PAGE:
Chris Lerm: Clover’s innovation is the result of fresh thinking, fresh concepts, methods and products. We don’t see products as commodities, we want to develop products that add value to people’s lives. Ours is an environmentally-sustainable innovation that stems from natural goodness.

We have to reinvent ourselves and stay ahead of the game through innovation. We have to develop value-added products, not mere commodities. It’s up to us to maintain the highest levels of quality, through measures like our 55 quality checks on fresh milk and picking only the 270 best dairy farms as our suppliers.

And so we arrived at our new positioning ‘Way Better’. It represents an all-encompassing approach to our products, our processes and our people.

When we look at Clover’s strategic pillars, it translates into way better people, way better products, a way better business model, way better customer service, way better business decisions, way better partnerships and a way better place to work.

5. Fastmoving: Every brand has a life cycle, so to speak. At what point in that life cycle does one decide is the right time to re-position a brand?

Chris Lerm: Timing is critical; the ideal time is just before you reach maturation at the top of the growth stage. This will give you the thrust to jet into a new growth period and not spend unnecessary time and money first getting your brand out of a declining life cycle. We have many examples when that has happened, especially in the electronic markets.

6. Fastmoving: From a financial perspective, what percentage of a one’s advertising and marketing budget should be allocated to a campaign that informs consumers about its re-positioning?

Chris Lerm: I don’t think one can use percentages but you must take into account the profitability of your product category and more importantly “how much do you need to do it successfully?” We are making a huge investment with several phases over at least three years, but a brand like Vodacom had the money and margins to go big in a very short period.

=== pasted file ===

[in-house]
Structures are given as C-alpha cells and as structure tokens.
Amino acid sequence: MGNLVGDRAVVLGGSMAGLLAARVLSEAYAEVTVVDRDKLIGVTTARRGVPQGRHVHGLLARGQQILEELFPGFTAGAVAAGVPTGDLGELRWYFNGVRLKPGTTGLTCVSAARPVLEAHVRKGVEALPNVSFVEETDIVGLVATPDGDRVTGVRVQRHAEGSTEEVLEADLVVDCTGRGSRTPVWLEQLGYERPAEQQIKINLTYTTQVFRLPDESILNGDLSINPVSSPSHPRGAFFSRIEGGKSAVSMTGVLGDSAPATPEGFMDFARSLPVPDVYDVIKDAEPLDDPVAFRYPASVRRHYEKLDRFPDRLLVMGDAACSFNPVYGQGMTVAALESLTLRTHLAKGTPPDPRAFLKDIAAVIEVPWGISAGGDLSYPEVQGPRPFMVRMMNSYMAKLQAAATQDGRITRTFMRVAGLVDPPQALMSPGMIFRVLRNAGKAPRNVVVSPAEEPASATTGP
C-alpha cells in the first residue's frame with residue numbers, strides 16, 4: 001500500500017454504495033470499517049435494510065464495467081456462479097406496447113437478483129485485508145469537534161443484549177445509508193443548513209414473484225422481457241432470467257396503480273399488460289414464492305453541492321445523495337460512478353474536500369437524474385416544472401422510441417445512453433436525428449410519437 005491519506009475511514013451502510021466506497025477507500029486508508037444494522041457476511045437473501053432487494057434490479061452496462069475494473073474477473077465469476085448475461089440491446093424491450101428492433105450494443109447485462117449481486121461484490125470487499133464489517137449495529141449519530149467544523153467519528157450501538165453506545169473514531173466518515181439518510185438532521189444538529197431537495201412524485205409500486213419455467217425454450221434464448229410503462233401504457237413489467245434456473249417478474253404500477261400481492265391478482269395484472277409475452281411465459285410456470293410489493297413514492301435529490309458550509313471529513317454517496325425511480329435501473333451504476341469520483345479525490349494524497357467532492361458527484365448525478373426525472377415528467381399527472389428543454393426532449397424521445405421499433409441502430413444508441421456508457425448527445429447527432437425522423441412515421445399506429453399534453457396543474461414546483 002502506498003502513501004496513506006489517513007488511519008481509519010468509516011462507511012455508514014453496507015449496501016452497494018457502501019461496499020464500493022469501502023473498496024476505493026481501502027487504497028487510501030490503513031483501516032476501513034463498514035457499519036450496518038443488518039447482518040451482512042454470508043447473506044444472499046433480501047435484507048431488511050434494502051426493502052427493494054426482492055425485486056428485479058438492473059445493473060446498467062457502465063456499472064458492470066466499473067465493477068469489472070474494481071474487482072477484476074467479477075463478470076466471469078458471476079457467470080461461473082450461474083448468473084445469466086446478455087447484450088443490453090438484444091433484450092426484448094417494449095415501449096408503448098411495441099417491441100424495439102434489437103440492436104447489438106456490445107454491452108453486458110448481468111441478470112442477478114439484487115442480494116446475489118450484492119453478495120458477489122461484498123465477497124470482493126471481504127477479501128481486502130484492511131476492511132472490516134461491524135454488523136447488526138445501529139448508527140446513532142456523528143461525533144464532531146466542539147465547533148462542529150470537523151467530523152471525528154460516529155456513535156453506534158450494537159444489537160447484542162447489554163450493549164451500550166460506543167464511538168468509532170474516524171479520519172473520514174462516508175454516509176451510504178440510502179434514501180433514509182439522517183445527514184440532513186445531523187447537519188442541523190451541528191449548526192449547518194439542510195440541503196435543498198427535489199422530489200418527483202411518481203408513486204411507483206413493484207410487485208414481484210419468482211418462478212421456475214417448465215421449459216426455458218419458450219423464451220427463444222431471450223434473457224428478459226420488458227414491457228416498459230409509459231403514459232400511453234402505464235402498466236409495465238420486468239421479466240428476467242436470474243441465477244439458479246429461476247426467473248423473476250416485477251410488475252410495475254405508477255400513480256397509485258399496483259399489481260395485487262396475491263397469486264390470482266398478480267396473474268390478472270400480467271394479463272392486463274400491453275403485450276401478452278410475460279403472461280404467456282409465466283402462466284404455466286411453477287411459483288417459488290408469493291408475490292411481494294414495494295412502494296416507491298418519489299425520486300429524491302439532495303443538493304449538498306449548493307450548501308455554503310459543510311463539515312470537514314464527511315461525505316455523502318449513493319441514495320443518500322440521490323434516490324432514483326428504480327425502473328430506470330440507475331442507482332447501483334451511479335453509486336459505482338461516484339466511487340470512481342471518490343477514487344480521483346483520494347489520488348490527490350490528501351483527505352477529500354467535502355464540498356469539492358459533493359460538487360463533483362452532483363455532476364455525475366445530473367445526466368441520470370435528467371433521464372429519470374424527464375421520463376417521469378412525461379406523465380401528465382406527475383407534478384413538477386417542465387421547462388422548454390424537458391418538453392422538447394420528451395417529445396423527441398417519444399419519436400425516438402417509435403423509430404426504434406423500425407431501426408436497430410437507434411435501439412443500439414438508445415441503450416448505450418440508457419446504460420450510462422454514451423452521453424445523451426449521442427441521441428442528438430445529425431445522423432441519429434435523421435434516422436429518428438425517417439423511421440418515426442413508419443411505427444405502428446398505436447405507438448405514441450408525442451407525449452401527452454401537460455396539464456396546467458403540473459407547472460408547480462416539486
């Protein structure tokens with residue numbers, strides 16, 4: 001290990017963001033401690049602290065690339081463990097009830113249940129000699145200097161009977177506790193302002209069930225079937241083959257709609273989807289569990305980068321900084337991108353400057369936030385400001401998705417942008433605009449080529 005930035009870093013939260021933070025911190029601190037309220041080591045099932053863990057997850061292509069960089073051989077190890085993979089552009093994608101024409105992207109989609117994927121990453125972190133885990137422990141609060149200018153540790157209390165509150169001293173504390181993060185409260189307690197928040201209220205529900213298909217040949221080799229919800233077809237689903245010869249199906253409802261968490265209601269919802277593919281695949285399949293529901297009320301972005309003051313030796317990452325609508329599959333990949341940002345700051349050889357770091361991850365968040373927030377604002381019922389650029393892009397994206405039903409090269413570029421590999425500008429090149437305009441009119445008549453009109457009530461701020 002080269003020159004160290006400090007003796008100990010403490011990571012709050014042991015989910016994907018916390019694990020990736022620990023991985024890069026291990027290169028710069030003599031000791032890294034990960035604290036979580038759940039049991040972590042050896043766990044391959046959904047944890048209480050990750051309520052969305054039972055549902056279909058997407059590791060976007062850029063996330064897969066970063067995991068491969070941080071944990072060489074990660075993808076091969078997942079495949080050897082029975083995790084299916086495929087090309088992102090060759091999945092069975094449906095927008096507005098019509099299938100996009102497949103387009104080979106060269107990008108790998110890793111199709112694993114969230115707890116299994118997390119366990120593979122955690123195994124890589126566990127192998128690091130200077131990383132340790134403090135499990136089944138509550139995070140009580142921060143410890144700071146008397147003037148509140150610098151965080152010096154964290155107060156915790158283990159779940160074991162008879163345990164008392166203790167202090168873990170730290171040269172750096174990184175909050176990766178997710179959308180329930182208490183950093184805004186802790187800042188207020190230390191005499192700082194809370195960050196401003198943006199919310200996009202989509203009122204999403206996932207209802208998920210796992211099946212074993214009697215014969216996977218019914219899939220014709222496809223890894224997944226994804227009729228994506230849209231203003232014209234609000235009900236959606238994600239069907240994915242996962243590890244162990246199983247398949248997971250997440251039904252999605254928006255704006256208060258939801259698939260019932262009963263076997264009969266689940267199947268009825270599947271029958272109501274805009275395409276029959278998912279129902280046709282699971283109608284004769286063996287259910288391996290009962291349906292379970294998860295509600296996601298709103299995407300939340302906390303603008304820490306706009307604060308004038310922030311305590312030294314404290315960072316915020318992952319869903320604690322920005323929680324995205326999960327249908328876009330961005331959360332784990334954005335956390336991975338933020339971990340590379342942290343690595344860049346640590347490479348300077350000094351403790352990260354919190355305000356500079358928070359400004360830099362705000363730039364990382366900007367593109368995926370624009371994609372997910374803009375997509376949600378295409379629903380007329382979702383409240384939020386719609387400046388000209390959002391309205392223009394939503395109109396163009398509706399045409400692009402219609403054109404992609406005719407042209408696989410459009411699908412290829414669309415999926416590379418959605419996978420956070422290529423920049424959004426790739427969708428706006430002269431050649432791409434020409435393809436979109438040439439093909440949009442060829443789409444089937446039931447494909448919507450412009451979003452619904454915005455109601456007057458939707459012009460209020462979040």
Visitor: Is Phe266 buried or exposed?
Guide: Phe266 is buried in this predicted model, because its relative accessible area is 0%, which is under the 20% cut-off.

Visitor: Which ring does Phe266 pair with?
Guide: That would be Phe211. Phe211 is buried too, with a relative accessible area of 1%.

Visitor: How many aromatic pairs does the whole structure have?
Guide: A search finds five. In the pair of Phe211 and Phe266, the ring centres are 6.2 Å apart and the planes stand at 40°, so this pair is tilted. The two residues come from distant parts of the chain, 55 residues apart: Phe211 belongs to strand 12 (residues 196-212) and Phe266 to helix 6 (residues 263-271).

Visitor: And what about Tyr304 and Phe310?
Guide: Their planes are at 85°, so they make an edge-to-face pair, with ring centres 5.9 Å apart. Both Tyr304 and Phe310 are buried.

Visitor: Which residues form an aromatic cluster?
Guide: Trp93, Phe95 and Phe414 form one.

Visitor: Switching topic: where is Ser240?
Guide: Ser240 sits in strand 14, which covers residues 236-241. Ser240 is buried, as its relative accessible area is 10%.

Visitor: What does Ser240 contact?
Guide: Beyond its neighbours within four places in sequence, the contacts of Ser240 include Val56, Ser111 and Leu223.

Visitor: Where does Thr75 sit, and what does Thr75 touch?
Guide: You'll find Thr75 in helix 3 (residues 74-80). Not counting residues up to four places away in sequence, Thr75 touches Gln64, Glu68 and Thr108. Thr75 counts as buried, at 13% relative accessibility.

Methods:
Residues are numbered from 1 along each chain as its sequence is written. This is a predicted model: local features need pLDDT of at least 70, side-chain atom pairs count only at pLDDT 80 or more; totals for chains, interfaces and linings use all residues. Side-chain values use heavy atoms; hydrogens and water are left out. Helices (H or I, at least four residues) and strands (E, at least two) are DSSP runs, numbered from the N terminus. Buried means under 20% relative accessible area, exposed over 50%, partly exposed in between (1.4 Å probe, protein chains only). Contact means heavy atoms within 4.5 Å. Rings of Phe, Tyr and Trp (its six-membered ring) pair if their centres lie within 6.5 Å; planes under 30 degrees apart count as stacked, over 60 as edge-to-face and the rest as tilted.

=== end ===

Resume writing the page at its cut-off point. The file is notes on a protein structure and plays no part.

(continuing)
7. Fastmoving: Is it important to have a contingency plan in case the re-positioning campaign is not as successful as initially planned?

Chris Lerm: I believe one must be pretty certain of your chances of success before you take such a decision. But if you stay true to who you are and what you stand for, your risk is minimal. In Clover’s case we promise the same and more to our consumers but just in a “Way Better” way.

8. Fastmoving: How will Clover’s new positioning change the way consumers perceive Clover as a brand?

Chris Lerm: We would like the consumer to believe, feel and experience our promise of “Way Better” in all facets of Clover, our products, our distribution, our merchandising, innovation and how everybody working for Clover operates.

We would strive that not only the consumer, but that our milk producers, partners in packaging and raw materials, the trade, the community and our staff will experience the “Way Better” Clover.

We have a marketing budget that consumers will notice and talk about. The creative execution of the “Clover wellness factory in the milky way” by our above-the-line agency, Joe Public, is a fresh approach for a dairy company in the world and the results of the success of the campaign thus far make us just more focussed and determined to entrench our “Way Better” positioning.